“Vanity … Powder Bar … Lavatory — All in One!”
This morning we took a look at the 1959 Formica Vanitory. Continuing with our bathroom scholarship, let’s examine another rare bathroom vanity, from mid century America: The Beauty Queen Lavanette line.
Here at Retro Renovation, we already know Beauty Queen as a not-uncommon brand of vintage steel kitchen cabinets. The Beauty Queen brand seems to have been the market name for some of the products produced by Toledo Desk & Fixture Corp., Maumee, Ohio. I have been to Maumee, Ohio. Ford had a stamping plant there, now closed. Meanwhile, here’s a story from the Toledo Blade with some history on Toledo Desk & Fixture — looks like its corporate offices were on the same street as the Ford plant. The newspaper article says the company like they had some automotive business, too.
Like their Beauty Queen kitchen cabinet counterparts, the Lavanettes and Vanettes were made of steel cabinet bases and drawers. The ads say: Formica tops.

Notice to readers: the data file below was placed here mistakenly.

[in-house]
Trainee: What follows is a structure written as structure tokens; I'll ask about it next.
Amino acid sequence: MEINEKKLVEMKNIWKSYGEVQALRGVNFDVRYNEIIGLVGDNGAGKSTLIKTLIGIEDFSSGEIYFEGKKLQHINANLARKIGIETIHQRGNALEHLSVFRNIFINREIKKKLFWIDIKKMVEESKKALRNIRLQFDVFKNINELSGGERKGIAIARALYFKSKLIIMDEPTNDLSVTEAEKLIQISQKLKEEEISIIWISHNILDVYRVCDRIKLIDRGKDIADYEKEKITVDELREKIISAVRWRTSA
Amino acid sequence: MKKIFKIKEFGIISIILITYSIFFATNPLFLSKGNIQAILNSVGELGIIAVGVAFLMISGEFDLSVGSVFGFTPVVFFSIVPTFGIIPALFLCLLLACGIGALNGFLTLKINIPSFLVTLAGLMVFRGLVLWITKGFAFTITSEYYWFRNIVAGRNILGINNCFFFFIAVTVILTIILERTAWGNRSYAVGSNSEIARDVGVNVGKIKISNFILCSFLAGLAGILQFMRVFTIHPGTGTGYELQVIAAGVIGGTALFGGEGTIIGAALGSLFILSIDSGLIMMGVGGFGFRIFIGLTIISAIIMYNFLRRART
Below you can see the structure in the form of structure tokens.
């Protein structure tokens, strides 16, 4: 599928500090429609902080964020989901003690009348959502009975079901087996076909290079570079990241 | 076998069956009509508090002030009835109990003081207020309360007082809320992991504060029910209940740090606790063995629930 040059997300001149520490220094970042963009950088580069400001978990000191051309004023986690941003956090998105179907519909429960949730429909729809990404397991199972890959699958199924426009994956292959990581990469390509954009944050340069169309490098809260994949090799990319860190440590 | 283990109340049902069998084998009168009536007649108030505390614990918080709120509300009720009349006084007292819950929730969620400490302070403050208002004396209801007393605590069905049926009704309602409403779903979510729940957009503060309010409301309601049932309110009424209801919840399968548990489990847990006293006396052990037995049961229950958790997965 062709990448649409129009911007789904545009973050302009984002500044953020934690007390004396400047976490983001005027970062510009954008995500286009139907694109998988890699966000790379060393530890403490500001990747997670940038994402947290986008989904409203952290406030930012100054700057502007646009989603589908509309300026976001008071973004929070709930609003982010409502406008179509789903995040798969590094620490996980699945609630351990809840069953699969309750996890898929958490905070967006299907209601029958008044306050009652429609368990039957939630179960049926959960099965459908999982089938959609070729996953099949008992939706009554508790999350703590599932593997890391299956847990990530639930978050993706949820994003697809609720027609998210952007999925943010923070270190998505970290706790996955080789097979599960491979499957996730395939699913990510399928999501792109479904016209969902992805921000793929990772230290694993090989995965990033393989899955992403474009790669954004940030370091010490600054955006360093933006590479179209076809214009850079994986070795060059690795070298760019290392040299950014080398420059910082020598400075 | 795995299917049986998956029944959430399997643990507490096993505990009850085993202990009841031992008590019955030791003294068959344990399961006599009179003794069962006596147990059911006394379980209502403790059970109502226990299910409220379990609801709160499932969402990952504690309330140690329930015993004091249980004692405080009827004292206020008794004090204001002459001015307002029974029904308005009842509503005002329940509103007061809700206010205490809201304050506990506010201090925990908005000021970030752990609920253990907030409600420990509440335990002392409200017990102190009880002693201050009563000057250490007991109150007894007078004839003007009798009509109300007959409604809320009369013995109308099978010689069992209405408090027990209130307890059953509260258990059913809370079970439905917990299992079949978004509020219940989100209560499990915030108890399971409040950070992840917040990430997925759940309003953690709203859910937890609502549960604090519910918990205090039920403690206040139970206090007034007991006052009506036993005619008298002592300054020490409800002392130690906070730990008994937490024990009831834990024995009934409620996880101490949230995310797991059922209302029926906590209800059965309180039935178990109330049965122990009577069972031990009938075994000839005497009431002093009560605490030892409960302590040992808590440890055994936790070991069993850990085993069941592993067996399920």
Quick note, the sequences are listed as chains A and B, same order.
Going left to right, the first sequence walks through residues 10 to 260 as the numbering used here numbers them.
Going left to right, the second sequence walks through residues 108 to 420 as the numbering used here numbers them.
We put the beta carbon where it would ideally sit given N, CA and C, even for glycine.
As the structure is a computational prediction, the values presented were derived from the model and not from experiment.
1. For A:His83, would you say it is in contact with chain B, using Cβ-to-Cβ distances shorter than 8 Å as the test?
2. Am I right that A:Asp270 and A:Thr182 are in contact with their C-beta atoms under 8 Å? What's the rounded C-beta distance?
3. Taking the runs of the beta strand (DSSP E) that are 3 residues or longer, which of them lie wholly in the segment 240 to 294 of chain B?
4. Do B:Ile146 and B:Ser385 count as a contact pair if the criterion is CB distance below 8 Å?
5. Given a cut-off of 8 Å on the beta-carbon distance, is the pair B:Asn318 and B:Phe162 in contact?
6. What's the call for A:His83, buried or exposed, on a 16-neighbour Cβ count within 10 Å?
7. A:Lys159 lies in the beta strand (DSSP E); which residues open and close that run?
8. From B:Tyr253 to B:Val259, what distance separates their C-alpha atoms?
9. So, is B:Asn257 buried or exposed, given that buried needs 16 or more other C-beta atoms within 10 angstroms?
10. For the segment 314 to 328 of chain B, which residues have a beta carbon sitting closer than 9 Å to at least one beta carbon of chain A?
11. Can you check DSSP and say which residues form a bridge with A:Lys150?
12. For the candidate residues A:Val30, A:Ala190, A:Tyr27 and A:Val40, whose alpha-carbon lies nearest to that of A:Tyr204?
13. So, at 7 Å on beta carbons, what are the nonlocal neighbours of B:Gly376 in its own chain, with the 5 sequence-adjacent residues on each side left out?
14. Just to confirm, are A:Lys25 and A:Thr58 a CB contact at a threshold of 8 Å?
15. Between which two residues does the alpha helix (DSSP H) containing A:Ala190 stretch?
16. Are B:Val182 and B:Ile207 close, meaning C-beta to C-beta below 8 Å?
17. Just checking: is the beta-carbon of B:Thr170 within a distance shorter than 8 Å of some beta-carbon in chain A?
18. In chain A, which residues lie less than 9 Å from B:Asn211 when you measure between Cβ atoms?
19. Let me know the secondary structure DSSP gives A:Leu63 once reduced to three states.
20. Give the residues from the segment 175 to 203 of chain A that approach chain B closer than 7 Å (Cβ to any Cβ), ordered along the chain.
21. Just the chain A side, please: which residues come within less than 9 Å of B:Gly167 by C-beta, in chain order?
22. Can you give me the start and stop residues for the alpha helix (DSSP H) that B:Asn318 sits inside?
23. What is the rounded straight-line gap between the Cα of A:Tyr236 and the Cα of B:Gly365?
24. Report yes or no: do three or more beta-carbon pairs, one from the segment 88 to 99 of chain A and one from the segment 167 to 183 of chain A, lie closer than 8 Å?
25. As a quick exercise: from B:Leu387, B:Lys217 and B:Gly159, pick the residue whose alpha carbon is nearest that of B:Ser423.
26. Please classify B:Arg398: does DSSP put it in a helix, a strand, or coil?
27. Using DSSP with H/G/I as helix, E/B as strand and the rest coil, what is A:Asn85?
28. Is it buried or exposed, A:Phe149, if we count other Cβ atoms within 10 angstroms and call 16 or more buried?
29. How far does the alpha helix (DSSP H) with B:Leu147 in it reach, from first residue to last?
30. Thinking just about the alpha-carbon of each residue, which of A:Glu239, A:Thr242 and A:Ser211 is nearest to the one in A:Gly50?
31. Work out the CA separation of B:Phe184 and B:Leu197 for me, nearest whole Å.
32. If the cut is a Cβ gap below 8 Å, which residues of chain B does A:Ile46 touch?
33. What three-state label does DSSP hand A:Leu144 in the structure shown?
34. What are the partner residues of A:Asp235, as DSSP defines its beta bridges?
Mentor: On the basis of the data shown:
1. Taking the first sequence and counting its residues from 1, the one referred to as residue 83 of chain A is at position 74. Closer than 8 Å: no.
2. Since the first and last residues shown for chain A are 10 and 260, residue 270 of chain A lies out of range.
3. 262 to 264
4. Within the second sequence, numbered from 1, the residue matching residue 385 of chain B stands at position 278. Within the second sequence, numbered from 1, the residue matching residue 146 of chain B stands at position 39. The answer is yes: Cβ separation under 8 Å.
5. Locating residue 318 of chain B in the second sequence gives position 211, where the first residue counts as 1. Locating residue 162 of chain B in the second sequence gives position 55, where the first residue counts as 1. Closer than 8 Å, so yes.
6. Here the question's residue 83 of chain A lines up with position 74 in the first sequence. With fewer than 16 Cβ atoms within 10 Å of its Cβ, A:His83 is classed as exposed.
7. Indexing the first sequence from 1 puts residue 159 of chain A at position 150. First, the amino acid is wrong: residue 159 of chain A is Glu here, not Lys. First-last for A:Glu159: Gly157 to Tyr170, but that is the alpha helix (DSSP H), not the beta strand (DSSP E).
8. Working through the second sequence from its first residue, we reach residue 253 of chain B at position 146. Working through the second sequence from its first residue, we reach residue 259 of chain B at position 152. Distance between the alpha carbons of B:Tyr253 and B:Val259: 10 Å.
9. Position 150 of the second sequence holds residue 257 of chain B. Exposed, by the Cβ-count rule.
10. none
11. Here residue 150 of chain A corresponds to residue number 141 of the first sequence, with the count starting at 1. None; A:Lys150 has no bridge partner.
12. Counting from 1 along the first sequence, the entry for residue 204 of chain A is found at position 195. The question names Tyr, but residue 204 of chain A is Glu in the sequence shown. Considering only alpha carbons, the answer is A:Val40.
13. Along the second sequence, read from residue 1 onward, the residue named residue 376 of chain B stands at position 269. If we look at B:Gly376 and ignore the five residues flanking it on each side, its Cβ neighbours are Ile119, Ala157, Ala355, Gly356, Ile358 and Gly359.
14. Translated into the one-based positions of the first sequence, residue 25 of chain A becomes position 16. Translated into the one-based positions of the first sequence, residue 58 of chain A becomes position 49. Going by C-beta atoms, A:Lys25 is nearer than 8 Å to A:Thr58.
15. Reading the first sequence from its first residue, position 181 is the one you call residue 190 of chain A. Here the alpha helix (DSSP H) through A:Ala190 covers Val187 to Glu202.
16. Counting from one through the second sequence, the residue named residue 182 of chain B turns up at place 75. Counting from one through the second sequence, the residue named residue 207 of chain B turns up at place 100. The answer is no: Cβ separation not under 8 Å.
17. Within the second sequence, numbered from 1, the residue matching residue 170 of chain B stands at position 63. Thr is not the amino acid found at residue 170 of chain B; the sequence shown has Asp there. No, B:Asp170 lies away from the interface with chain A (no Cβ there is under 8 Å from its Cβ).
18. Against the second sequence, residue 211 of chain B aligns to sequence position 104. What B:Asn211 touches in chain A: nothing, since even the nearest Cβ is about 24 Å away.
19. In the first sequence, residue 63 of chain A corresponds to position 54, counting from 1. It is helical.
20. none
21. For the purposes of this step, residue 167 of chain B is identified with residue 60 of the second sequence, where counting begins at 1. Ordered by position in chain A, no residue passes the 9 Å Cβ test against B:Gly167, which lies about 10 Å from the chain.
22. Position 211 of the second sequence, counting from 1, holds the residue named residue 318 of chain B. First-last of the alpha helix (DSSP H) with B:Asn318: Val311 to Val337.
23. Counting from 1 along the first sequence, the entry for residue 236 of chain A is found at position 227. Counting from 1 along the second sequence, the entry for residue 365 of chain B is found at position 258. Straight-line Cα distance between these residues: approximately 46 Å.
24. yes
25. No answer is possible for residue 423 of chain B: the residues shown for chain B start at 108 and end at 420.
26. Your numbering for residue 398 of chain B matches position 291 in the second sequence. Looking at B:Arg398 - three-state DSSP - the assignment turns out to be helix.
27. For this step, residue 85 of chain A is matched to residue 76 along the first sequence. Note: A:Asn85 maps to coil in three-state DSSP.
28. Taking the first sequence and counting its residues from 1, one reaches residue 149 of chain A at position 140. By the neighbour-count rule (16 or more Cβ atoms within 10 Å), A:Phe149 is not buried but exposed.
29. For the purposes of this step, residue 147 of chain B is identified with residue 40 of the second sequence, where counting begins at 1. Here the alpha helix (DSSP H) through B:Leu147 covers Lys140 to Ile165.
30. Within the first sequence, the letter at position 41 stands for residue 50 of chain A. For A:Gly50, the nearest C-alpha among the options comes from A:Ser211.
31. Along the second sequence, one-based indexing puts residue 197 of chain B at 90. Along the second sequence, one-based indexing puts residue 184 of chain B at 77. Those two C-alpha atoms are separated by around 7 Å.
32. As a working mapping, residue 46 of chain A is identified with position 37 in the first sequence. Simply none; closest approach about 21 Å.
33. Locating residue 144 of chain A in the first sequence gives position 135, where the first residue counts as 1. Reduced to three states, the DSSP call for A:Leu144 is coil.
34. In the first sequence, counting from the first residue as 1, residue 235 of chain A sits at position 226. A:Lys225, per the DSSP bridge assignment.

I saw one of these vintage Lavanettes — New Old Stock! — a few years back, for sale for $250 in Rochester, New York. Or maybe it was Syracuse. I thought for a heartbeat about going and getting it. However, I recall that I was already on thin ice with DH over too many “projects” in storage in the garage… which put the brakes on the idea. Do I have regrets? Heck to the yeah!. But surely: Some other super appreciative buyer snapped it up. Because who else would?
How did they hold up to all the humidity in bathrooms, I wonder.
Here are some terrific archival illustrations of several Lavanette and Vanette designs, all from my personal collecting of mid century marketing material:
Above: From this advertisement, we can see that a Lavanettes is 36″ wide…. The Deluxe Vanette (in green) is 48″ wide…. It’s unclear which moniker the double sink unit gets. I’m guessing it’s 60″ wide. From the text, it seems to be a Lavanette. But this is not crystal clear. Nor is it clear how and why Beauty Queen made the distinction between what was called a Lavanette vs. a Vanette. And, I need to go find the year for this ad, too. My bathroom scholarship is lacking, alas.
Above: A photo in an ad — which indicates a later year…. And, no mention of Vanettes here. Yes, I need to continue to keep my eyes peeled for more information tracing the history of these nifty bathroom vanities.
I also want to point out the fact that this historical nomenclature — like that of the Formica “Vanitory” — continues to underscore the likely pervasive use of the word “Lavatory” in mid century America. Lavatory = wash. Vanity = Sit and primp. Restroom, Washroom, Bathroom — not mentioned in these marketing names.